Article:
Kalibala who has been in the federation executive (FUFA) since 1991 organised the first ever women’s football symposium in Bushenyi in 1995. After the symposium, exhibition games for women were held and were graced by emerging clubs and schools.
In 1999, he founded Western United FC and it was one of the pioneer clubs to play in the Elite League and was the only upcountry outfit in the division then. The side did well and finished fourth in the division, though it got relegated after three seasons. The players would later secure football scholarships at universities as well as landing deals outside the country.
Western United has produced lots of players who currently feature for the senior national team while others are serving the game under various capacities. Some of the exceptional players who hailed from the club include; Fiona Asiimwe, Ritah Nabosa, Adrien Birungi, Annet Nakiriga, Joan Ainembabazi, Norah Alupo, Halimah Katushabe among others.
Kalibala still serves as club Chairman and continues to inspire many girls to play the game. He is also currently serving as Vice Chairman of FUFA Women’s Football standing committee.
Ayub Khalifa Kiyingi is a serial winner and a revered personality in the women’s football circles. The Kawempe Muslim SS and the women’s national U-20 team coach has trained so many girls at school level, with many of them reaching the national team.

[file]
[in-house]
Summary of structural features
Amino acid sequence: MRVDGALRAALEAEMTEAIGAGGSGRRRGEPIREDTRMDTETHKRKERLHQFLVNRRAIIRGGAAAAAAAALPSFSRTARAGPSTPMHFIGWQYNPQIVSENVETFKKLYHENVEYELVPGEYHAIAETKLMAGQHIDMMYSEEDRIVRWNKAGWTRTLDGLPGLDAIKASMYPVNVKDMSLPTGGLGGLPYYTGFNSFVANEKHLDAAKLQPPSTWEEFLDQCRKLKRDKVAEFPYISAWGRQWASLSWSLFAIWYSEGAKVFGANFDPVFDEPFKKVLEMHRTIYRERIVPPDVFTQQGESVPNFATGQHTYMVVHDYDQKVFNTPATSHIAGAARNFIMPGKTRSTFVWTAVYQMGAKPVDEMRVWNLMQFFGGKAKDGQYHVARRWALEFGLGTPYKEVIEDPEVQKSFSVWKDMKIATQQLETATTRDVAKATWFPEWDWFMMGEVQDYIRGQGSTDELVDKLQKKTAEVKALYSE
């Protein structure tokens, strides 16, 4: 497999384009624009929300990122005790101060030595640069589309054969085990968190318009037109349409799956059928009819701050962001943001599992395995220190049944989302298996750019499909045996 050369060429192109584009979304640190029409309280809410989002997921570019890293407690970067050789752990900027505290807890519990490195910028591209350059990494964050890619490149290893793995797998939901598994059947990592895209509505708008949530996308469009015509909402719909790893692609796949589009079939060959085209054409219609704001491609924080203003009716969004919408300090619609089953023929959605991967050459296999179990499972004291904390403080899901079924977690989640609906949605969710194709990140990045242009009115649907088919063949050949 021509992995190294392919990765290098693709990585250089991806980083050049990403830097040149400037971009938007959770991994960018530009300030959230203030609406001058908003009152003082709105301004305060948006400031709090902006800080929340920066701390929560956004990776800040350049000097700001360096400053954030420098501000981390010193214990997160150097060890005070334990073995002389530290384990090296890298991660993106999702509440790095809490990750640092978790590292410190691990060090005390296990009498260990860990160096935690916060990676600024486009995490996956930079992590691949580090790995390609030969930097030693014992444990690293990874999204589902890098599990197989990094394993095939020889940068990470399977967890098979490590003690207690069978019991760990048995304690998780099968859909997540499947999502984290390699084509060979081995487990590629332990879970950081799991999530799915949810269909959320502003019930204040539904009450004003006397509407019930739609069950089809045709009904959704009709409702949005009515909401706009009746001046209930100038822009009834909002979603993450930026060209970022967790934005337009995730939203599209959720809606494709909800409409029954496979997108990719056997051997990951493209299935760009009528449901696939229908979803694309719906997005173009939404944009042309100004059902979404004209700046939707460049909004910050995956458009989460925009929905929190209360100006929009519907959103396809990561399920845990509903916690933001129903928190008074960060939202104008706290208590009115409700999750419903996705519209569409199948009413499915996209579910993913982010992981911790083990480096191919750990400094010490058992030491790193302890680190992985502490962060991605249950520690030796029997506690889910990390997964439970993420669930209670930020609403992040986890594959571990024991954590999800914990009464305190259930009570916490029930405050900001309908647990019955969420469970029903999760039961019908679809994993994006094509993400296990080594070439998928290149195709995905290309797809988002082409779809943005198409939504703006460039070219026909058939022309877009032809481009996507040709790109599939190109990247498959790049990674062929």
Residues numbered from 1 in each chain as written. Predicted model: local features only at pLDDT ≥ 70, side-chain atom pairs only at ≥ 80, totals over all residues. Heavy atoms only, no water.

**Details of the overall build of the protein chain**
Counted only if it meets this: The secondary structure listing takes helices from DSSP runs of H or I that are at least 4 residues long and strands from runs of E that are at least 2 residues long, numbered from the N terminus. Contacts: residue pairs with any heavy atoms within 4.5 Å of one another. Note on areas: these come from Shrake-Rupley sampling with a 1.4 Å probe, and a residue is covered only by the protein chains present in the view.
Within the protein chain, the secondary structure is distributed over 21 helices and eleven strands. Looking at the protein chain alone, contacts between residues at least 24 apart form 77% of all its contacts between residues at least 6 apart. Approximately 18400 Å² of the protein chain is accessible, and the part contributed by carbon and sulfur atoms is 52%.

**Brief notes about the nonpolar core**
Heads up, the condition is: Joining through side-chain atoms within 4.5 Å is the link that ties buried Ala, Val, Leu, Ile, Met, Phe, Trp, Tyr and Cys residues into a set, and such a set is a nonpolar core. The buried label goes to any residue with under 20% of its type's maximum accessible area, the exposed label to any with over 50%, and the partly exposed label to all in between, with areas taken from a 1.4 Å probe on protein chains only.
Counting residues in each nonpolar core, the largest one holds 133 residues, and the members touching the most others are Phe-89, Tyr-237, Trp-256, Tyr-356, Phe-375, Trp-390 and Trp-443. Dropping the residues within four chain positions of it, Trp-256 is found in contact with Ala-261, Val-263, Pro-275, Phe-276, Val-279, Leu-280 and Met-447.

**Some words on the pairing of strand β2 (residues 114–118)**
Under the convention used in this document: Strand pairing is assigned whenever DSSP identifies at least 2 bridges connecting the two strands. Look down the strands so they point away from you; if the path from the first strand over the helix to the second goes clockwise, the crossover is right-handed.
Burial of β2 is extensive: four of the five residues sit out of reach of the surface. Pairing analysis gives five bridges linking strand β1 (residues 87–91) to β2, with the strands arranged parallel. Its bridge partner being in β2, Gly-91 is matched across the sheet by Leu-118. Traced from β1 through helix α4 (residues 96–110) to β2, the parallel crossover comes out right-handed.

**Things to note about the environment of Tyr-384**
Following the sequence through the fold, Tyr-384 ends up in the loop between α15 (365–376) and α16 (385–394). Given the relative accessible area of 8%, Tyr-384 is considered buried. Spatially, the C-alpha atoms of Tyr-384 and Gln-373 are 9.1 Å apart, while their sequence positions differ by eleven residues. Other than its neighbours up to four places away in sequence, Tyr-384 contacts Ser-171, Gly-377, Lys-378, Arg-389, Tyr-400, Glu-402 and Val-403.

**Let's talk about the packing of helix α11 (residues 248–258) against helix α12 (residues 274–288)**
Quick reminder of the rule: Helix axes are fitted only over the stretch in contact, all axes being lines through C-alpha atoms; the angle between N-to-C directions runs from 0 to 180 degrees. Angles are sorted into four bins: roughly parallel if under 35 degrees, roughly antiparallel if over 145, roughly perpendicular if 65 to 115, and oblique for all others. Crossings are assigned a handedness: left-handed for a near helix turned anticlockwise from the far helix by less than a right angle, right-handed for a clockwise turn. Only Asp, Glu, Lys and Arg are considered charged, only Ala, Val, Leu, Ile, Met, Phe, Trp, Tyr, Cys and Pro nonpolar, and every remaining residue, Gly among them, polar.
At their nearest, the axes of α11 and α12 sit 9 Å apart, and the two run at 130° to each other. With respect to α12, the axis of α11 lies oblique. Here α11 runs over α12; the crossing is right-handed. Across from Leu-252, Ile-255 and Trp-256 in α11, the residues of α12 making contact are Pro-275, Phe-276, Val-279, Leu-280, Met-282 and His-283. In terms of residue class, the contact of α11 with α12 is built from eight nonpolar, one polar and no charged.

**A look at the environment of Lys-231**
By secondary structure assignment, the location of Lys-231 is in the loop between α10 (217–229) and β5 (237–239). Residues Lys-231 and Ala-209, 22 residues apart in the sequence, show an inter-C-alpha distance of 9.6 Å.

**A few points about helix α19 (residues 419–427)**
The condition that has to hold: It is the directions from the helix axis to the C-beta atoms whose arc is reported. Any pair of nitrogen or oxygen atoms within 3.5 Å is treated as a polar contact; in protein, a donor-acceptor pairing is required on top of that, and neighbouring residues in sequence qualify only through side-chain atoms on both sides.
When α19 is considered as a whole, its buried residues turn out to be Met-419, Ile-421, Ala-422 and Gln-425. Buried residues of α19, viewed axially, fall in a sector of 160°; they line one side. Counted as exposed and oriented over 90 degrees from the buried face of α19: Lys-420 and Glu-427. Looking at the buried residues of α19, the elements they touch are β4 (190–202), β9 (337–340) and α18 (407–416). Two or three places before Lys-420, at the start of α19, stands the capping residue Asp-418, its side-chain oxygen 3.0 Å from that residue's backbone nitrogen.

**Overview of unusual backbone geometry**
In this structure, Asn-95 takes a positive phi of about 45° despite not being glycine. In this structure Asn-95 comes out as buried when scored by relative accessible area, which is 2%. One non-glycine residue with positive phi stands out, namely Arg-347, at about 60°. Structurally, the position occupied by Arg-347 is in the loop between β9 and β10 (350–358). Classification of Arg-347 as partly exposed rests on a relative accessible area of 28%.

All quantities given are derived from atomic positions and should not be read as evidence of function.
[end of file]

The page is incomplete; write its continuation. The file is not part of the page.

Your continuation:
Ayub started engaging in women’s football when he joined Kawempe Muslim in 1999. He started with a very small but talented and passionate group. When numbers grew, a girls’ team for the school was formed albeit with resistance from some administrators for the school is Muslim-founded with strict religious principles.
Later, some girls started getting admitted to universities on government scholarships after adding the four points that were given out through the sports’ bonus points scheme. Kawempe Muslim would later become one of the top schools with girls being admitted to universities, something that changed mindsets of those who were opposed to women’s football at the establishment as well as encouraging more girls to join the school and play football.
Ayub has also since seen the school emerge as record winners of the secondary schools girls’ championship with the side also excelling at the local leagues and other engagements in the region.